Abstract
Journal of Applied Economics. Vol XVII, No. 2 (November 2014), 199-212 THE INTRODUCTION OF THE EURO AND ECONOMIC GROWTH: SOME PANEL DATA EVIDENCE Murizioa Conti University of Genova Submitted August 2013; accepted June 2014 We use a difference in difference estimation framework to analyse the effects of the adoption of the euro on the level of per capita GDP for a sample of seventeen European countries (the EU15 plus Norway and Iceland) over the period 1990–2010. We find that the adoption of the euro may have raised the level of per capita GDP (and labour productivity) by about 4 percent. There is also some evidence that the impact of the euro has been smaller in the case of countries with a high debt-to-GDP ratio in 1999 when the euro was introduced. Results are robust to controlling for country fixed effects, time trends and to estimation strategies that control for cross-country parameter heterogeneity. JEL classification codes: 043, 052 Key words: euro, economic growth, difference-in-difference I. Introduction The economic troubles that have been characterizing the euro area since the burst of the sovereign debt crisis are well known and currently at the centre of the European economic policy debate. Many authors have discussed at length the major shortcomings of the euro project, such as the limited powers of the European Central Bank, the absence of a fiscal and financial union and the widening trade imbalances and gaps in productivity across countries (Shambaugh 2012). For some opinion makers the current institutional and economic arrangements of the European Monetary Union are so flawed and difficult to change that in some Maurizio Conti: University of Genova, Department of Economics and Business, Via Vivaldi 5, 16126, Genova, Italy; tel. ++390102095229; email: mconti@economia.unige.it. 200 Jalourn of a pplied e conomics countries political pressures to leave the euro might soon enter into the mainstream political debate. Notwithstanding the recent problems, the academic literature has been highlighting several possible channels through which the euro could positively affect income and productivity, namely lower exchange rates volatility and risk, increased trade, higher price transparency and stronger integration of financial markets and a full exploitation of the European Single Market, among others. Surprisingly, in the academic literature the evidence on the macroeconomic effects of the euro on growth and productivity are scant at best, a notable exception being a recent paper by Bugamelli et al. (2010) which convincingly shows that the euro has led to stronger labour productivity growth in sectors that used to compete mostly in prices and in countries that tended to rely more on competitive devaluations. In this paper we aim to contribute to the debate on the economic effects of the euro by estimating the effect of the euro adoption on per capita GDP with yearly data for a set of seventeen European countries over the period 1990–2010 using a simple differences-in-differences framework. We find that, after controlling for country fixed effects and time trends, the euro had a positive impact on per capita GDP and labour productivity. In most regression specifications and estimation strategies we find that the euro had a positive effect, in the 3–4% range. These results are confirmed if we estimate the model using methodologies that take into account non-stationarity and panel cointegration issues; moreover, if we allow some dynamics into the model, the euro effect on per capita GDP could have been even slightly larger, although estimation strategies that deal with parameter heterogeneity suggest more conservative estimates of about 4%. Interestingly, we also find evidence of some heterogeneity across countries associated to macroeconomic imbalances that existed when the euro was introduced: in fact, some empirical estimates suggest that the effect of the euro falls with the level of the debt-to-GDP ratio in 1999. Although our approach could be considered a “crude” way to assess the impact of the euro on per capita GDP, nevertheless we believe it might provide a useful starting point for future research. In turn, there is a large literature on the positive effects of euro on trade (Bun and Klaassen 2007 and the references therein) and some empirical evidence on the effects of euro on disposable income inequality (Bertola 2010) and financial integration (Kalemni-Ozcan et al. 2009). The inToducT r ion of The oeur and economic wT ogr h 201 The remainder of the paper is organized as follows: in Section II we discuss the data and the methodological framework, while in Section III we present the main empirical results. Finally, Section IV concludes. II. Data and methodological framework A. Methodological framework In order to evaluate the impact of the adoption of the euro on per capita GDP, we estimate different variants of the following equation: , (1) where is the log of per capita GDP, is a dummy variable equal to one after a country has adopted the euro and zero otherwise, X is a vector of control variables, is a set of country fixed effects that control for the consequences of persistent factors (such as political and economic institutions, or social norms) that influence a country’s per capita GDP but that might also have played a key role in the decision of adopting the euro, is a set of time dummies that captures common macroeconomic shocks, is a set of country linear time trends that control for country differentials in the long run growth rates of GDP, and is an error term. In particular, X contains variables that economic theory suggests might influence GDP, such as the investment rate, the average years of schooling, the population growth rate, the degree of openness to trade, among others. In particular, if we control for the former three variables, equation (1) can be rationalised as resulting from the steady-state of a Solow growth model (Mankiw et al. 1992), where we allow the initial conditions as well as the exponential growth rate of technology to be country specific. Czernich et al. (2011) have used a similar framework to analyze the macroeconomic impact of the introduction of broadband on GDP. 202 Jalourn of a pplied e conomics The econometric specification in equation (1) is a difference in difference (diff-in-diff) one, as we identify the impact of the introduction of the euro on per capita GDP using the within-country variation only, and therefore our results are robust to country specific unobserved heterogeneity. Moreover, we include, as a control group, a set of non-euro adopter countries, namely the UK, Sweden, Denmark and two non-EU (but EEA) countries such as Norway and Iceland. The choice of this group of countries is motivated by the necessity of having a group of control countries sufficiently homogenous with the early euro adopters in terms of institutions, economic policy and history. The inclusion of the country time trends is important because it allows for the possibility that countries that have adopted the euro were on different growth paths: this is crucial because if, for example, non-euro countries had been on a relatively faster trend rate of growth than their euro counterparts, failing to control for this would lead us to underestimate the impact of the euro on per capita GDP. One point that deserves some discussion is the fact that in diff-in-diff models we might expect the existence of serial correlation within countries (Bertrand et al. 2004) but also correlation across countries in a given year (cross sectional correlation). For this reason, we use standard errors that are robust to arbitrary correlation in both the country and year dimensions (as well as robust to heterosckedasticity). However, inference with two-way cluster-robust standard errors works well insofar as both dimensions are large and, in our case, N = 17 and T = 21 are on the lower bound of what is conventionally considered as a sufficient cluster size. Therefore, we report two-way cluster robust standard errors with the small sample correction described in Baum et al. (2010) and automated in the Xtivreg2 routine for Stata; we also report standard errors robust to heteroskedasticity and serial correlation using the Newey-West standard errors as in Azmat et al. (2012). For instance, results in Besley and Burgess (2004) show that diff-in-diff estimates can be highly sensitive to the inclusion of country specific time trends. The inToducT r ion of The oeur and economic wT ogr h 203 B. Data The empirical analysis is based on a balanced panel of seventeen European countries (the EU15 group plus two European Economic Area countries, namely Norway and Iceland) observed over the period 1990–2010. Adoption of the euro is proxied by a dummy variable equal to 1 after a country has adopted the euro (1999) and zero otherwise. The data used in this study come from different sources. GDP, total population and total employment are taken from the Total Economy Database of the University of Groningen; in particular, GDP is measured in constant 1990 US$ converted at Geary Khamis PPP. Data on the working age population (proxied by population between 15 and 64 years) is from the AMECO database. In turn, information on investment rates (measured as the investment share of GDP) and the country level of openness are from the Penn World Tables, version 7.1. Finally, data on the average years of schooling in the population older than 25 years are taken from the Barro-Lee dataset: however, because data are available at a five years interval, missing data have been linearly interpolated. III. Empirical results In Table 1, we report the empirical estimates of equation (1), where GDP is normalised by working age population. In Model 1, we start from a parsimonious specification, as we only control for country and year fixed effects. Econometric estimates suggest that the adoption of the euro is positively correlated with the level of per capita GDP, although if we use clustered standard errors the effect is not statistically significant (the p value is 0.32). If we include country linear time trends (Model 2), the coefficient increases by about 50% and it is statistically significant at conventional levels of confidence: in particular, the adoption of the euro would be associated to an increase in per capita GDP of about 3.9%. In the case of Greece the dummy takes the value of one since 2001 onwards. All regressions include dummy variables for EU membership and for episodes of “large” recessions (entailing a fall in per capita GDP larger than 4%) or “large” expansions (an increase in per capita GDP larger than 4%). No result however hinges upon the inclusion of these dummy variables. 204 Jalourn of a pplied e conomics We now probe the robustness of the euro effect with various checks. First, we consider the possibility that, notwithstanding the use of the country linear time trends, there might still be pre-trends in our data, possibly due to euro anticipatory effects, or to economic shocks that hit euro countries precisely when the euro was introduced. As suggested by Angrist and Pischke (2009), we have included two leads and one lag of the euro dummy in equation (1): if the effect of the euro is not due to omitted variables that make the so-called parallel trend assumption in diff- in-diff models invalid, one should find that the euro leads should be individually and jointly statistically insignificant (see Autor et al. 2007 for a similar approach); in turn, one lag of the euro dummy is included in order to allow the euro to affect GDP with a lag. Empirical results in column 3 reassuringly suggest that the leads are both individually and jointly largely statistically insignificant. In turn, the contemporaneous and lagged effects are individually either statistically significant at 10%, or barely insignificant, depending on the type of standard errors we consider, and always jointly significant at least at the 10% level. Interestingly, the total euro effect, which can be measured as the sum of the coefficients of the contemporaneous and lagged terms, is about 4.2%, only slightly larger than in the 6,7 previous columns. In column 4 we add other regressors in equation (1), such as the log of the investment rate, the openess to trade and the growth rate of population. As we can see, the magnitude and the statistical significance of the euro coefficient is barely altered. We have also added in the regression the log of schooling years in the population, the stock of R&D capital and the OECD index of regulation in the utilities sector (as a proxy for the economy-wide level of product market regulation): main results are not affected (see the online appendix). So far we have not considered the issue of non-stationarity that might characterize some of the variables considered above. For this reason we test for non-stationarity of GDP, the saving rate, openness to trade and the population The standard error is 0.206 if we use cluster-robust standard errors and 0.156 if we use Newey-West heterosckedasticity and serial correlation robust standard errors. We have also considered the possibility that the euro not only had an effect on the level but also on the growth rate of GDP by interacting a linear time trend with the euro dummy: this interaction is positive but always largely statistically insignificant at conventional levels of confidence. We have also entered the various regressors one at a time: results are virtually unaffected. The inToducT r ion of The oeur and economic wT ogr h 205 growth rate using standard panel unit root tests as those proposed by Im, Pesaran, and Shin (2003) and Breitung (2000), and we can never reject the null of non- stationarity. The same tests lead us to conclude that the above series are difference- stationary, i.e., I(1). We then test for the existence of a cointegrating relationship among the aforementioned variables (and the euro dummy) with the Westerlund (2007) panel cointegration tests, which consistently reject the null hypothesis of no cointegration (at the 5% significance level). We now re-estimate the model in column 4 with the Dynamic OLS Estimator (DOLS) for panel data of Mark and Sul (2001) which takes into account endogeneity of non-stationary regressors and serial correlation by adding past and future values of the first differences of the explanatory variables. Estimation results displayed in column 5 suggest that the euro has a positive and statistically significant effect, with an order of magnitude of about 3.7%, broadly consistent with previous estimates. In Model 6 we augment the regression in Model 4 with the lag of per capita GDP in order to allow for persistent/convergence effects. In particular, in Model 6 we simply use OLS and we find a short run impact of the euro of about 1.2%, In particular, in the case of the Im, Pesaran, and Shin test, we use two lags, country specific autoregressive parameters, a time trend, and demeaned data. We consider a similar structure for the Breitung test (and in this case we consider a version of the Lambda statistics which is robust to cross sectional correlation). We perform these tests with the Xtunitroot routine in STATA. These results are also confirmed by the T test for unit root in heterogenous panels with cross sectional dependence suggested by Pesaran (2003) and automated in the Pescadf routine for STATA. All results available from the author upon request. The basic idea of Westerlund (2007) is to test for the lack of a cointegrating relationship by determining whether there is an error correction mechanism at work for individual countries or for the panel as a whole. In practice, Westerlund (2007) proposes to estimate an error correction model and to test whether the coefficient of the error correction term is equal to zero, a rejection suggesting the existence of a cointegrating relationship. In particular, Westerlund (2007) suggests two statistics (Ga and Gt) for which the rejection of the null hypothesis can be taken as evidence for the existence of cointegration for at least one country; and two additional statistics (Pa and Pt) that pool the information over all countries and for which the rejection of the null hypothesis can be seen as evidence of cointegration for the panel as a whole. We have performed the various tests with bootstrapped standard errors in order to allow for cross sectional correlation using the Xtwest routine for STATA. Results are available from the author upon request We allow for country specific time trends and for two lags and two leads. The estimation was carried out with the Xtdolshm routine for STATA. 206 Jalourn of a pplied e conomics 12 13 which implies a long run effect of about 6.3%, although the clustered standard errors suggest that the effect might be imprecisely estimated. In the regression reported as Model 7 we explore the existence of a possible weakness of previous estimates, i.e., the existence of cross-country heterogeneity in the effects of the euro (and of the other regressors) on GDP per person. In this case, assuming a common parameter across countries might in fact lead to biased estimates of a regressor’s “average effect”, especially in the case of dynamic specifications as that reported as Models 6 (Pesaran and Smith 1995). In order to deal with the heterogenous parameters issue we first re-estimate the static equation in Model 4 with the Mean Group estimator of Pesaran and Smith (1995), which allows for country specific parameter slopes (and error variance) by running one regression for each country and then averaging the coefficients. Empirical estimates (see the online appendix) confirm the previous results, although the magnitude is slightly smaller (0.029, s.e. 0.0078)). Moreover, we also estimate with the same Mean Group estimator a dynamic version of the previous equation by assuming that GDP follows a first order autoregressive process and re-parametrizing the equation as an Error Correction Model (see, for a recent application, Calderon et al. 2013): , (2) where Z represents the vector of regressors, the country-specific vector of long run parameters, and the short term parameters, while is the country specific speed of adjustment parameter in the Error Correction Model. Parameter estimates reported as Model 7 suggest that, in this case, the long run impact of the Obtained as , where is the coefficient of lagged per capita GDP. It is however important to note that this long run effect is not significantly different from the short run effect identified in the various static specifications estimated above. However, the estimation of a fixed effects model with the lagged dependent variable might create endogeneity problems (Nickell bias). For this reason we have re-estimated the equation with the Bias- Corrected-Least-Squared-Dummy-Variable method proposed by Bruno (2005): in this case the short run effect is about 1%, with a long run effect of about 8%, statistically significant at conventional confidence levels. The regression is run with the Xtpmg routine for STATA. The inToducT r ion of The oeur and economic wT ogr h 207 euro on GDP is found to be about 0.037, statistically significant at the 10% level, suggesting that the previous 6% effect might be upwards biased. In Models 8–9 we further explore the heterogeneity issue by interacting the dummy euro with the Debt-to-GDP ratio in 1999 (Euro*D/Y_99) in order to investigate whether countries with an high debt-to-GDP ratio have found it more difficult to fully exploit the economic benefits arising from euro membership. In fact, Dreger and Reimers (2013) find that unsustainably high debt-to-GDP ratios might have slowed down growth only in the case of euro member countries and justify their finding arguing that the lack of formal bailout mechanisms in the EMU might have generated an additional risk for the euro countries, therefore triggering higher interest rates and lower growth. As shown in Table 1, the interaction term is negative, although statistically significant only in the static specification. Interestingly, in both regressions the impact of the euro is no longer statistically significant in the case of countries with a debt-to-GDP ratio higher than 90% in 1999 (Greece, Italy and Belgium). Although this result should be taken with caution, at a minimum it suggests that macroeconomic imbalances when the euro was introduced might have influenced its impact in some countries. Finally, it is important to note that the paper’s main results are confirmed if we consider labour productivity (GDP per person employed) as dependent variable; furthermore, results hold even if we drop the two non-EU countries, namely Norway and Iceland. Interestingly, if we drop the years 2009 and 2010, the euro effect slightly increases, a result consistent with the bad performance of the euro area in the current economic crisis. See also Baum et al. (2013) who provide some empirical evidence consistent with the possibility that, in the case of the euro countries, high debt-to-GDP ratios (exceeding 70%) might tend to put upwards pressure on the long term interest rates. Starting with Reinhart and Rogoff (2010), many studies have sought to empirically evaluate the existence of thresholds above which debt would slow down growth. See Baum et al. (2013) and Eberhardt and Presbitero (2014), among many others, for different conclusions on this issue. The 90% of debt-to-GDP threshold was derived by computing the marginal effect of the euro on log GDP, which is equal to the sum of the coefficient of the euro dummy plus the product of the coefficient of the interaction term and the debt-to-GDP ratio. Given the negative coefficient of the interaction term, the effect of the euro tends to fall as the value of debt-to-GDP ratio increases. If we consider a debt- to-GDP ratio of 90% (or more), the effect of the euro is no longer statistically significantly different from zero. 208 Jalourn of a pplied e conomics Table 1. Empirical estimates: euro and per capita GDP in seventeen European countries over the 1990-2010 period 1 2 3 4 5 6 7 8 9 OLS OLS OLS OLS DOLS OLS MG OLS LSDVC Euro 0.0291 0.0387 0.0182 0.0371 0.0374 0.0120 0.0367 0.067 0.016 (0.0142) (0.0156) (0.0077) (0.0152) (0.0128) (0.0065) (0.020) (0.0221) (0.0089) (0.0286) (0.0200) (0.0124) (0.0185) (0.0098) (0.0252) lnsav_rate 0.1270 0.0137 0.0916 0.1492 0.1266 0.0916 (0.0508) (0.0242) (0.0136) (0.1007) (0.0355) (0.0115) (0.0459) (0.0163) (0.0485) pop_gr_rate 0.0058 0.0348 -0.0065 0.0308 0.0052 -0.0075 (0.0117) (0.0060) (0.0034) (0.0676) (0.0078) (0.0029) (0.0114) (0.0033) (0.0111) lnopen_to_trade -0.029 -0.0083 0.088 0.3663 -0.032 0.0905 (0.0594) (0.0432) (0.028) (0.2112) (0.0645) (0.0190) (0.0994) (0.039) (0.0973) 0.8027 0.8719 lngdp t-1 (0.0483) (0.0323) (0.0755) Euro*D/Y_99 -0.0004 -0.0001 (0.0002) (0.0001) (0.0002) Euro_lag1 0.0245 (0.0156) (0.0134) Euro_lead1 0.0086 (0.0100) (0.0124) Euro_lead2 0.0009 (0.0009) (0.0013) Country fixed effects Yes Yes Yes Yes Yes Yes Yes Yes Yes Time f.e. Yes Yes Yes Yes No Yes No Yes Yes Country trends No Yes Yes Yes Yes Yes Yes Yes Yes Observations 357 357 357 357 357 340 340 357 340 Note: country and year fixed effects in Model 1; country and year fixed effects and country trends in Models 2–4, 6, 8–9; country fixed effects and trend in Models 5 and 7. Models 1–4, 6 and 8 estimated by OLS with the Xtivreg2 routine in Stata; Model 7 with the MG estimator, Model 9 by the Bruno (2005) BCLSDV estimator. Model 5 estimated by DOLS. The first set of standard errors are HAC standard errors: Newey-West HAC standard errors are computed assuming a bandwidth of 3. Standard errors in Model 9 have been bootstrapped. The second set of standard errors in Models 1–4, 6 and 8 are robust to clustering in the country and year dimension with the Stata small sample correction. All regressions contain an EU membership dummy and a dummy equal to 1 for all country-year pairs characterized by large falls or increases in per capita GDP. 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Journal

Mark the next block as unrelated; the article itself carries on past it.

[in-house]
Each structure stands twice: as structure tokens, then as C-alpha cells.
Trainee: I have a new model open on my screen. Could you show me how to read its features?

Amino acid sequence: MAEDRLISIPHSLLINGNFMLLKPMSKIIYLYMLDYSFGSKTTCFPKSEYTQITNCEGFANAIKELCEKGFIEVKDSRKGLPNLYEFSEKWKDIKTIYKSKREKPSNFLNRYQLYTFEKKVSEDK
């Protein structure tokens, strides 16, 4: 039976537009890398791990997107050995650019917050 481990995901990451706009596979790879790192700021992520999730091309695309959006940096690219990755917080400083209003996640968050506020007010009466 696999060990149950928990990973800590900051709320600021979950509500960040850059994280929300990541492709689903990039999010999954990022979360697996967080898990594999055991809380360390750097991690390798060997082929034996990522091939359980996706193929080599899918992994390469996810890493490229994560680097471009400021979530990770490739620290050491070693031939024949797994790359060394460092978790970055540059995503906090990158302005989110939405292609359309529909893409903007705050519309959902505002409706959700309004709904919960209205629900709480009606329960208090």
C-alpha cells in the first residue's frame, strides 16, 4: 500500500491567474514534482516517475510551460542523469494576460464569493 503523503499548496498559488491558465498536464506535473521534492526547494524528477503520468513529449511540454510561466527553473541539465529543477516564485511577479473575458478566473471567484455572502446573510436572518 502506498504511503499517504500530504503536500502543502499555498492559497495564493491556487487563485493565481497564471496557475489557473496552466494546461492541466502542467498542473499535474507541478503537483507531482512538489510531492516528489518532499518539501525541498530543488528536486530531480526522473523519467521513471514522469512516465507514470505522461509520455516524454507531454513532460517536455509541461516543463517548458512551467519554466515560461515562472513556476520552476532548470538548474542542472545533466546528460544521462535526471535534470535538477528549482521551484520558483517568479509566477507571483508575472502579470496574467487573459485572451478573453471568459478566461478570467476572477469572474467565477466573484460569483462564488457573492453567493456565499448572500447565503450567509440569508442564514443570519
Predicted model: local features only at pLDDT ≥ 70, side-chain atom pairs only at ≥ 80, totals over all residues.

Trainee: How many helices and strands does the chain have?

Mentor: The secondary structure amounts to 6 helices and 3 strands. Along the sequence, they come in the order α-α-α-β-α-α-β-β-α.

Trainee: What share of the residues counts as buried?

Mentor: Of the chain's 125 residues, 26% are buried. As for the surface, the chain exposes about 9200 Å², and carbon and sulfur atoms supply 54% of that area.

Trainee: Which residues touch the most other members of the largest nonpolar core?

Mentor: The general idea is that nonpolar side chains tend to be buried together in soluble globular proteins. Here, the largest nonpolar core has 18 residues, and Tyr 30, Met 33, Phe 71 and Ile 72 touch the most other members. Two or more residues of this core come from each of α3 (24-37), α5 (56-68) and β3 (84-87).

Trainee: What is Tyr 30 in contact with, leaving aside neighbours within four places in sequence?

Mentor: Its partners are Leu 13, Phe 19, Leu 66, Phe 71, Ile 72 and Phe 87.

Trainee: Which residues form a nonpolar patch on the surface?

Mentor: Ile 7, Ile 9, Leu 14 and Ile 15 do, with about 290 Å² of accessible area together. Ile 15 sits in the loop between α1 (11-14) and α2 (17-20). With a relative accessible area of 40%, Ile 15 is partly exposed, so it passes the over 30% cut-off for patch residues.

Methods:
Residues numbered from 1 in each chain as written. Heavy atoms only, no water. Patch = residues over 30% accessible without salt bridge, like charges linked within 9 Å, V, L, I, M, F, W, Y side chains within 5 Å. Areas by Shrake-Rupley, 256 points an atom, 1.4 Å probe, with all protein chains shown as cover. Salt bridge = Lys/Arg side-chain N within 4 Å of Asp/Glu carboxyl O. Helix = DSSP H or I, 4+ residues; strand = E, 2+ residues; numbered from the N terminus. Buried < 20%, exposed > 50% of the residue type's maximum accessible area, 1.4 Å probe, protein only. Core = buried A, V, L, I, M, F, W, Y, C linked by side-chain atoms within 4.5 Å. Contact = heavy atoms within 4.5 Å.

Journal of Applied Economics
– Taylor & Francis
Published: Nov 1, 2014
Keywords: 043; 052; euro; economic growth; difference-in-difference